For Better?Corporate wife Mallory McIver has promised her new husband a businesslike marriage, with no messy emotions involved.For Worse?Then Torr announces he's moving to the Highlands of Scotland to restore the derelict castle he's inherited. And he expects Mallory to accompany him.... Forever!As Torr swaps his suits for jeans, Mallory is bewildered. She married a sophisticated city type, but in the country he's rugged, capable and altogether gorgeous.... Soon Mallory realizes she's breaking the terms of their arrangement--by falling for her own husband!
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July 07, 2008
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Excerpt from Newlyweds of Convenience by Jessica Hart
'This year has seen record sales of Valentine's Day cards, while florists report that red roses are still the most popular choice for--'
Mallory reached quickly for the remote control and pointed it at the television to switch off the tail-end of the news. She didn't want to be reminded about Valentine's Day. This time last year Steve had surprised her with a trip to Paris. He had given her a diamond pendant and talked about when they would be married. It had been the happiest day of her life.
Instinctively, she lifted a hand to finger the tiny diamond that nestled at the base of her throat. She wore it still, in spite of everything.
At her feet, Charlie lifted his head from his paws, suddenly alert, and the next moment she heard the sound of a key in the front door.
Her husband was home.
Mallory dropped her hand abruptly.
Charlie was already on his feet, tail wagging.
He trotted over to the door of the sitting room, whining and sniffing with anticipation, and would have started scratching at it if Mallory hadn't gone to open it for him. She knew he wouldn't settle until he had welcomed Torr home. He was a dog with a mind of his own.
Mallory had to acknowledge that Charlie wasn't the most beautiful dog in the world--he had a Labrador's soft ears, a collie's intelligent eyes and the bristly coat of a lurcher, but was otherwise a standard, scruffy mongrel--but from the moment she had taken him home from the animal rescue shelter, seven years ago, he had followed her with a slavish adoration.
Perhaps it wasn't surprising that Charlie had been jealous of Steve. He'd been used to being the centre of Mallory's life before Steve came along, and the surly relationship between man and dog had been the only tiny cloud on her horizon in that otherwise golden time.
It was harder to understand the instant attachment he had formed for Torridon McIver, who spent little time with him or his mistress. Charlie was always delighted to see him, though, and didn't seem to mind that he rarely got more than a brusque acknowledgement of his presence in return.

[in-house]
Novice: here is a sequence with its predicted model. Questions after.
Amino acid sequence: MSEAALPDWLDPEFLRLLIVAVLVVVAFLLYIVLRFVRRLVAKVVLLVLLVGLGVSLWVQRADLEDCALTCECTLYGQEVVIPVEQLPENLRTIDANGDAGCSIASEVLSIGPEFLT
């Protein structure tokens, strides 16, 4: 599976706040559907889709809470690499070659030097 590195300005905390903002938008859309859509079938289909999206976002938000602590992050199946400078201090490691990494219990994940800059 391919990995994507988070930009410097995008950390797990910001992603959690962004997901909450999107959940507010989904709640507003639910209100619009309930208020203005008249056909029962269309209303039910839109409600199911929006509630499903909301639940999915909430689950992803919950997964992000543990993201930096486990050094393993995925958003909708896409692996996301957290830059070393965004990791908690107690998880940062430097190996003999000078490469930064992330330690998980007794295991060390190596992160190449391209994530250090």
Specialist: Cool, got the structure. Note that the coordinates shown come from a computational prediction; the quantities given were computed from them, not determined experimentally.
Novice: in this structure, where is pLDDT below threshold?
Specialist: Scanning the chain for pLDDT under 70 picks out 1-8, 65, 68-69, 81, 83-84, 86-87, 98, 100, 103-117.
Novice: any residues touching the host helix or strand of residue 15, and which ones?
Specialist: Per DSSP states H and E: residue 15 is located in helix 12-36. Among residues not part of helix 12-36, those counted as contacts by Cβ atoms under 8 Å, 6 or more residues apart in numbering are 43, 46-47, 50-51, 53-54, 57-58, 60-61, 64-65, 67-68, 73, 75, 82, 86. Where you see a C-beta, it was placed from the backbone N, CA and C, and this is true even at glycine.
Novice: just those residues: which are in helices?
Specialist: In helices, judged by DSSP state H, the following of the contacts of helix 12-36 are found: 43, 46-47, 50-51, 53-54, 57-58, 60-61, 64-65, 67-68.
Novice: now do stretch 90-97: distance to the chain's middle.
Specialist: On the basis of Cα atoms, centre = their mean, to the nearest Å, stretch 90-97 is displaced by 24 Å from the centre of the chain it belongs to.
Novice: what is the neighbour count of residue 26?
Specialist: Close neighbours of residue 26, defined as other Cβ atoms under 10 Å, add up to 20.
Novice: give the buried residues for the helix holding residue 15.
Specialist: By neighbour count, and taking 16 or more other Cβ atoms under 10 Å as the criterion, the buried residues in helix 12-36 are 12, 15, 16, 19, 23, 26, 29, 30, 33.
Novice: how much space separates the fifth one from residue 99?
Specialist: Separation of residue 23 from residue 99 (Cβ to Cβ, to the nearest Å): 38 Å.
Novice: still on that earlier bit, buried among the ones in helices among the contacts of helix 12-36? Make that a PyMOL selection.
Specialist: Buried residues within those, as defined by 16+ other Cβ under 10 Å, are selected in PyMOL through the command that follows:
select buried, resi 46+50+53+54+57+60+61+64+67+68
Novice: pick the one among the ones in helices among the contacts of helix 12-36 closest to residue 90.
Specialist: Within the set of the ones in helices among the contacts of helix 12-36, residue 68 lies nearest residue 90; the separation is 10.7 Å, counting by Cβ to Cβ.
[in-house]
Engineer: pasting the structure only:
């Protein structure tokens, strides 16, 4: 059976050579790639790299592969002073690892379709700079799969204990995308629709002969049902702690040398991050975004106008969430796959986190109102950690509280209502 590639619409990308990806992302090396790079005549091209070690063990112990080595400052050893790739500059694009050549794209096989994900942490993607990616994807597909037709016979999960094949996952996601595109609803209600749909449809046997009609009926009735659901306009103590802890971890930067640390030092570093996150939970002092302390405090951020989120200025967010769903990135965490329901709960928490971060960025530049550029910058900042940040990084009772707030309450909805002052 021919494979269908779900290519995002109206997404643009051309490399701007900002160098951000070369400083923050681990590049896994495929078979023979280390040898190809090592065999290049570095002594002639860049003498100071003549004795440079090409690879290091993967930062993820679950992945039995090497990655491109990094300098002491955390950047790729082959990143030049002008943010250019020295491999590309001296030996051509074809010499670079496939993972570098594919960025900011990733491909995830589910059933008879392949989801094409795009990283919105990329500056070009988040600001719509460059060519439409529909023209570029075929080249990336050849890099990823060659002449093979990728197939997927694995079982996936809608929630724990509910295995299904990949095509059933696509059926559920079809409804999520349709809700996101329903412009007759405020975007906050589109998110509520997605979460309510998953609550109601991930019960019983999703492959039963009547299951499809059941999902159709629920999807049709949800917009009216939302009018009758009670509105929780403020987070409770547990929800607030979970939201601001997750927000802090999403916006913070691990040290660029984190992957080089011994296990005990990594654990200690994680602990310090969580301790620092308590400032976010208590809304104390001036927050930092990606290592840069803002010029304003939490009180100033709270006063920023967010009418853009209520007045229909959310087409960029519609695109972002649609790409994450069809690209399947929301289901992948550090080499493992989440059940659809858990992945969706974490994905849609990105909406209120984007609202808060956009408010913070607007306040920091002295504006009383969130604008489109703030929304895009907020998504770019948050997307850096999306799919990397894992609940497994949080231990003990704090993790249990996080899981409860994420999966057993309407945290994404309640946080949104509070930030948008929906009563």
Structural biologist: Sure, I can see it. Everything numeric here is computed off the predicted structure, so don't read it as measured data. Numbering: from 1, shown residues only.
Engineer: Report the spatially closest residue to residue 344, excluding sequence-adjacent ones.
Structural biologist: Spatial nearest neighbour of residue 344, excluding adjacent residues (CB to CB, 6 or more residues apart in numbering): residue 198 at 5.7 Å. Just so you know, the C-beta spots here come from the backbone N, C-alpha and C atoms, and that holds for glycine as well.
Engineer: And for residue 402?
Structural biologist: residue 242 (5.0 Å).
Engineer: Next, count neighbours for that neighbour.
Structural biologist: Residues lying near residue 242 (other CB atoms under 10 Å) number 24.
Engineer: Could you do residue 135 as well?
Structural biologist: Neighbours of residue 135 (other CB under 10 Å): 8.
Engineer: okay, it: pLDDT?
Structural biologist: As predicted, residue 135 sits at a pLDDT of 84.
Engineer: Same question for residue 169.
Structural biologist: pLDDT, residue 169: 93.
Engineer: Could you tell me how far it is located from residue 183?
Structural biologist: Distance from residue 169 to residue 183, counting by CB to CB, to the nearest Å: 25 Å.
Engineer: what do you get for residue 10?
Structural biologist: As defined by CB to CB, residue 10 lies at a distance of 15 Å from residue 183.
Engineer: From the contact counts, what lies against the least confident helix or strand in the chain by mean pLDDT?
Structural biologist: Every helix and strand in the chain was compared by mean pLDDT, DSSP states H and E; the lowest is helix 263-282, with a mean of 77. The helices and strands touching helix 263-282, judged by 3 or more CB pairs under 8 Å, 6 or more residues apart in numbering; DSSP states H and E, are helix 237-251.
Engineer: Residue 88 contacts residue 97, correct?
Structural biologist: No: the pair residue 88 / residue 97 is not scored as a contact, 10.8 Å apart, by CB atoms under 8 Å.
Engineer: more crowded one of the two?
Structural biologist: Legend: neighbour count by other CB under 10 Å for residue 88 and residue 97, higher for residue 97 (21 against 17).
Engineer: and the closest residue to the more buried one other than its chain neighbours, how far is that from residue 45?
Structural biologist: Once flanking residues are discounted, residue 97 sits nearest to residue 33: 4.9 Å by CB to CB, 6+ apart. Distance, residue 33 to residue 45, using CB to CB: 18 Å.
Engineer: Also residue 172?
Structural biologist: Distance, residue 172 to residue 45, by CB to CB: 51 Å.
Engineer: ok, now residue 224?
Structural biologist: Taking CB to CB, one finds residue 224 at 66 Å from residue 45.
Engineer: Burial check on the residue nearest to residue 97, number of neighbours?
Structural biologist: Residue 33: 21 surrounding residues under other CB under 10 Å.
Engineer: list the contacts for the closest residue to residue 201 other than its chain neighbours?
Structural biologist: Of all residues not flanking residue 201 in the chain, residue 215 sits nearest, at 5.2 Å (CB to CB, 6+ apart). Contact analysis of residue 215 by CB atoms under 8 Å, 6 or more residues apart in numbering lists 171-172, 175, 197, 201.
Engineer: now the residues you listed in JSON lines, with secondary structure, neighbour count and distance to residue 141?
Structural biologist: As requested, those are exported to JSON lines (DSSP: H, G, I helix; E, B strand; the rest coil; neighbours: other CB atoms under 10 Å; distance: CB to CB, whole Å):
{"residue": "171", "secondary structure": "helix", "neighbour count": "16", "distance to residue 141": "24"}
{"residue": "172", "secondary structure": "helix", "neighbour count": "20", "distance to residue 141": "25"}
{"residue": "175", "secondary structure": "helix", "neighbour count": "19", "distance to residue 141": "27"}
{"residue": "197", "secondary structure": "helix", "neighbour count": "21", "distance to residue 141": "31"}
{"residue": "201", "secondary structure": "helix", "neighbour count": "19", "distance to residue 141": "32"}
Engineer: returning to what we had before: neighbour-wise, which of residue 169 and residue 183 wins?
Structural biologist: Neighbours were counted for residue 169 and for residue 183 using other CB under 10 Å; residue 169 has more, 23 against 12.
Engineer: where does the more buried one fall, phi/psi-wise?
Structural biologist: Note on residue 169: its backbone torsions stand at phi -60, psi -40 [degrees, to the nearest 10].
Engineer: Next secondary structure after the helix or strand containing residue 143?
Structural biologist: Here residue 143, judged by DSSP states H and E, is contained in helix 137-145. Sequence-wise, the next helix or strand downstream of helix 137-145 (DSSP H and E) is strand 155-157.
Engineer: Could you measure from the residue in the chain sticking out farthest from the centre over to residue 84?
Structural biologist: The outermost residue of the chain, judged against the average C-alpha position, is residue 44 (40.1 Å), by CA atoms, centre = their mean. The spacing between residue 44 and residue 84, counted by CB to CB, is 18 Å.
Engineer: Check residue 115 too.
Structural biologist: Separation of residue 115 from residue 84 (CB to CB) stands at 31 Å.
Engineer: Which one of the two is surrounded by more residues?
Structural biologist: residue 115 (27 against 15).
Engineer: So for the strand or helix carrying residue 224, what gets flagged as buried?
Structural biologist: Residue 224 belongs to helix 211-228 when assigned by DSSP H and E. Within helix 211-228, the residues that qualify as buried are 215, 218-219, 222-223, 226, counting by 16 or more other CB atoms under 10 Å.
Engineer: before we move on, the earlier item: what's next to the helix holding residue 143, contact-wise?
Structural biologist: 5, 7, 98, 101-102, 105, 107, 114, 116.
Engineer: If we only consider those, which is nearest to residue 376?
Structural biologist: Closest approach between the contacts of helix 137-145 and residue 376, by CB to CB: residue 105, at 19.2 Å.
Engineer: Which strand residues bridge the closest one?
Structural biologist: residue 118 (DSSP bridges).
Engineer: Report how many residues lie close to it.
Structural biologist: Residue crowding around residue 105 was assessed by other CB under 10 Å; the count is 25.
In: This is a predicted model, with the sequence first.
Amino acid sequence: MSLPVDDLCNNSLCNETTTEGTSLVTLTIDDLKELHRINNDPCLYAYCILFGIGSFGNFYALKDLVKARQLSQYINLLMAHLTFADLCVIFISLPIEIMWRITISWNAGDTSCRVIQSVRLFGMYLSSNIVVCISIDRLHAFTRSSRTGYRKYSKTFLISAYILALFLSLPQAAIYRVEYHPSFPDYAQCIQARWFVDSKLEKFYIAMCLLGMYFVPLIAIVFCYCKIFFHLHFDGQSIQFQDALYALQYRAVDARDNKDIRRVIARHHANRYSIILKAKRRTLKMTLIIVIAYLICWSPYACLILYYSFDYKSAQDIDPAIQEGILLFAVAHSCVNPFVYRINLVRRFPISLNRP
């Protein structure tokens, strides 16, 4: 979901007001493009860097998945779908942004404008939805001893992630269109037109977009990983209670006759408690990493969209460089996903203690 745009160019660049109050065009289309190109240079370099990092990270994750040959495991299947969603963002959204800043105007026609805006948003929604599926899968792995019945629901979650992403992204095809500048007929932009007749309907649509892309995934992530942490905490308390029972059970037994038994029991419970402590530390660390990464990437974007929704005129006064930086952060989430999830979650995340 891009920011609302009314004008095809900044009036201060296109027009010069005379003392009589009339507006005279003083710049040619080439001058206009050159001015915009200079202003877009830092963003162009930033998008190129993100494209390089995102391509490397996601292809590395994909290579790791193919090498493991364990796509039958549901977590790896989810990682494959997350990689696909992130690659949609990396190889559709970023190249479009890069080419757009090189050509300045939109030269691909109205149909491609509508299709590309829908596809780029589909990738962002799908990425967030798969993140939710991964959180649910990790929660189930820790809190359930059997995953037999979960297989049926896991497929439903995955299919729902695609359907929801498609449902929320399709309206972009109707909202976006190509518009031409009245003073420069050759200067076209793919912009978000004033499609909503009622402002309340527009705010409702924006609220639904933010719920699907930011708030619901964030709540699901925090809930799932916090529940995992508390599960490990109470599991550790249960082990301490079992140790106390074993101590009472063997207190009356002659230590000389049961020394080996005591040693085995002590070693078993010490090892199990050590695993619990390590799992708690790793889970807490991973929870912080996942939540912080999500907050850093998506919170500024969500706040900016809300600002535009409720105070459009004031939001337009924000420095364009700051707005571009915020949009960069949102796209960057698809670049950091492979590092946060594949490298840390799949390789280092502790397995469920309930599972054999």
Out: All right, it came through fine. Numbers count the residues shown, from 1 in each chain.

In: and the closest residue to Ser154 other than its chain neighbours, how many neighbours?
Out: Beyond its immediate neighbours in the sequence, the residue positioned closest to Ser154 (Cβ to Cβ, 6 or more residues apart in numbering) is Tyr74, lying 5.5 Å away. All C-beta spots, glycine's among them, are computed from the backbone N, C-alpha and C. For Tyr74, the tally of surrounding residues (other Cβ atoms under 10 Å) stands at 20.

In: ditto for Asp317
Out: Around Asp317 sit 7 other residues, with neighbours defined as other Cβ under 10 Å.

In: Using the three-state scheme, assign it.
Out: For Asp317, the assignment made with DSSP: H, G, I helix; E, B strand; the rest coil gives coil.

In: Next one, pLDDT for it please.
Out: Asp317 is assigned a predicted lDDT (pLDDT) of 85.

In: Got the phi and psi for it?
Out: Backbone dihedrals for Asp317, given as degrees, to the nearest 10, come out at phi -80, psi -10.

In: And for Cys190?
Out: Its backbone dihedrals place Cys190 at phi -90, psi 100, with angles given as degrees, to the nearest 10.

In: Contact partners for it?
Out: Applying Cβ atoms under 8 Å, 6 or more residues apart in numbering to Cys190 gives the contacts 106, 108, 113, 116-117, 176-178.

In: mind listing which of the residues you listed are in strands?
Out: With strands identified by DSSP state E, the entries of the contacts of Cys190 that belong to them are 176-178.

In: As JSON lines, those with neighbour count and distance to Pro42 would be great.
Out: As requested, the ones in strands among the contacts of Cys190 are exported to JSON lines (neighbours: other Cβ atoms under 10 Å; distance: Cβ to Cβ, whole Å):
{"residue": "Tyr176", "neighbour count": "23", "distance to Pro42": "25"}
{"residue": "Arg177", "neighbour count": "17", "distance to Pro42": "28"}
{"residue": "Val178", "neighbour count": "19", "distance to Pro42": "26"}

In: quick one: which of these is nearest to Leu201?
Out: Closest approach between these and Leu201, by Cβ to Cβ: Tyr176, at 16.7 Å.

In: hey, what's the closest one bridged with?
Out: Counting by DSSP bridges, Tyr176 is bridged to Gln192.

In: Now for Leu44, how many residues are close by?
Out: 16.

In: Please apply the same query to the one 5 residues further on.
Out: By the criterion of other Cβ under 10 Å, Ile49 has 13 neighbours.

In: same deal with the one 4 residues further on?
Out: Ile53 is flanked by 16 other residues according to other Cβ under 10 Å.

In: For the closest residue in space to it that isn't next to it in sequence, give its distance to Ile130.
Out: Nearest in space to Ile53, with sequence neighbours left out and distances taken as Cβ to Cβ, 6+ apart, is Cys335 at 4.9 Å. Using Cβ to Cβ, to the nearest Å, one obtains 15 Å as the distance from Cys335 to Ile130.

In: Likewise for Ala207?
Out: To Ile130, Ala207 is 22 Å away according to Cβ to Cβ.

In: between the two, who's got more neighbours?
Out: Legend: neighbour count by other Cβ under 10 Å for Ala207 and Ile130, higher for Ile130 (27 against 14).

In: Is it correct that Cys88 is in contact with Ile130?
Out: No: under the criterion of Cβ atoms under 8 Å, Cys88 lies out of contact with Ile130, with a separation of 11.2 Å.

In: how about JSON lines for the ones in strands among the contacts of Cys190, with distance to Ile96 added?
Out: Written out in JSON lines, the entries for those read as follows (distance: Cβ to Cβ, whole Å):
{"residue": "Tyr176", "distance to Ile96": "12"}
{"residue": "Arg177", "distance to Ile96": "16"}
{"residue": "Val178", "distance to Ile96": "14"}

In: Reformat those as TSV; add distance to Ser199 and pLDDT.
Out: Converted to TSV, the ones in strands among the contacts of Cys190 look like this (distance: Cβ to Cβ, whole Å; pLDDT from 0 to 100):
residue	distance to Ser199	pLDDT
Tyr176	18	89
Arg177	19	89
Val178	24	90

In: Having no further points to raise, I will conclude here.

When Mallory opened the door, Torr was standing in the hall, looking through the post she had left on the table for him. He was a tall, forbidding-looking man, with dark hair, stern features and an expression that rarely gave anything away. Raindrops spangled his hair and the shoulders of his overcoat, winking in the overhead light.
When not building a reputation as one of the sharpest and most successful businessmen in the city, Torr went climbing, and it always seemed to Mallory that he carried something of the mountains with him. There was a force about him, something hard and unyielding, that put her in mind of bracing air and desolate peaks. It sat oddly with the expensive suits he wore to the office and with this immaculate Georgian townhouse that he had bought as a sign of his success. They didn't go with the kind of man she sensed him to be.
Any more than she did.
'Down!' Torr ordered Charlie, and when the dog dropped obediently to his belly, tail still wagging ingratiatingly, he bent and gave his head a cursory stroke.
Satisfied, Charlie bounded back to Mallory, and Torr noticed her for the first time as he turned. She was standing in the doorway, and her dark, silky hair fell forward to hide her face as she bent to pat her dog, who pressed his head against her leg, panting gently with excitement. They made an unlikely pair, the dog all bright eyes, scruff and gangly legs, the woman dark and elegantly groomed. In loose silk trousers and a fine-knit top in mushroom colour, she looked stylish and slender to the point of thinness.
'Good dog,' she said affectionately, but when she straightened and her eyes met Torr's, the warmth faded from her face.
'Hello,' she said.
They faced each other as the familiar constraint crept into the atmosphere. No one looking at them would ever guess that they had been married for five months and that this was Valentine's Day. Torr was hiding no roses behind his back; there was nojewellery secreted in his jacket pocket. He wasn't sweeping her into his arms or telling her he loved her. He wasn't even smiling.
Mallory hugged her arms together and forced her mind away from last year, from Steve, laughing, enveloping her in his golden charm.
'I was just watching the news,' she said after a moment.
Torr shrugged off his overcoat, shaking raindrops on the tiled floor, and hung it up. 'Have you got a minute?'
'Of course,' said Mallory, echoing his stiff, formal tone. They didn't talk very often, but when they did they were always polite.
Charlie bustled into the sitting room behind Torr and flopped down on the rug in front of the fire, satisfied that his two favourite people were where he could keep an eye on them. There was something almost embarrassing in his evident pleasure at getting the two of them together.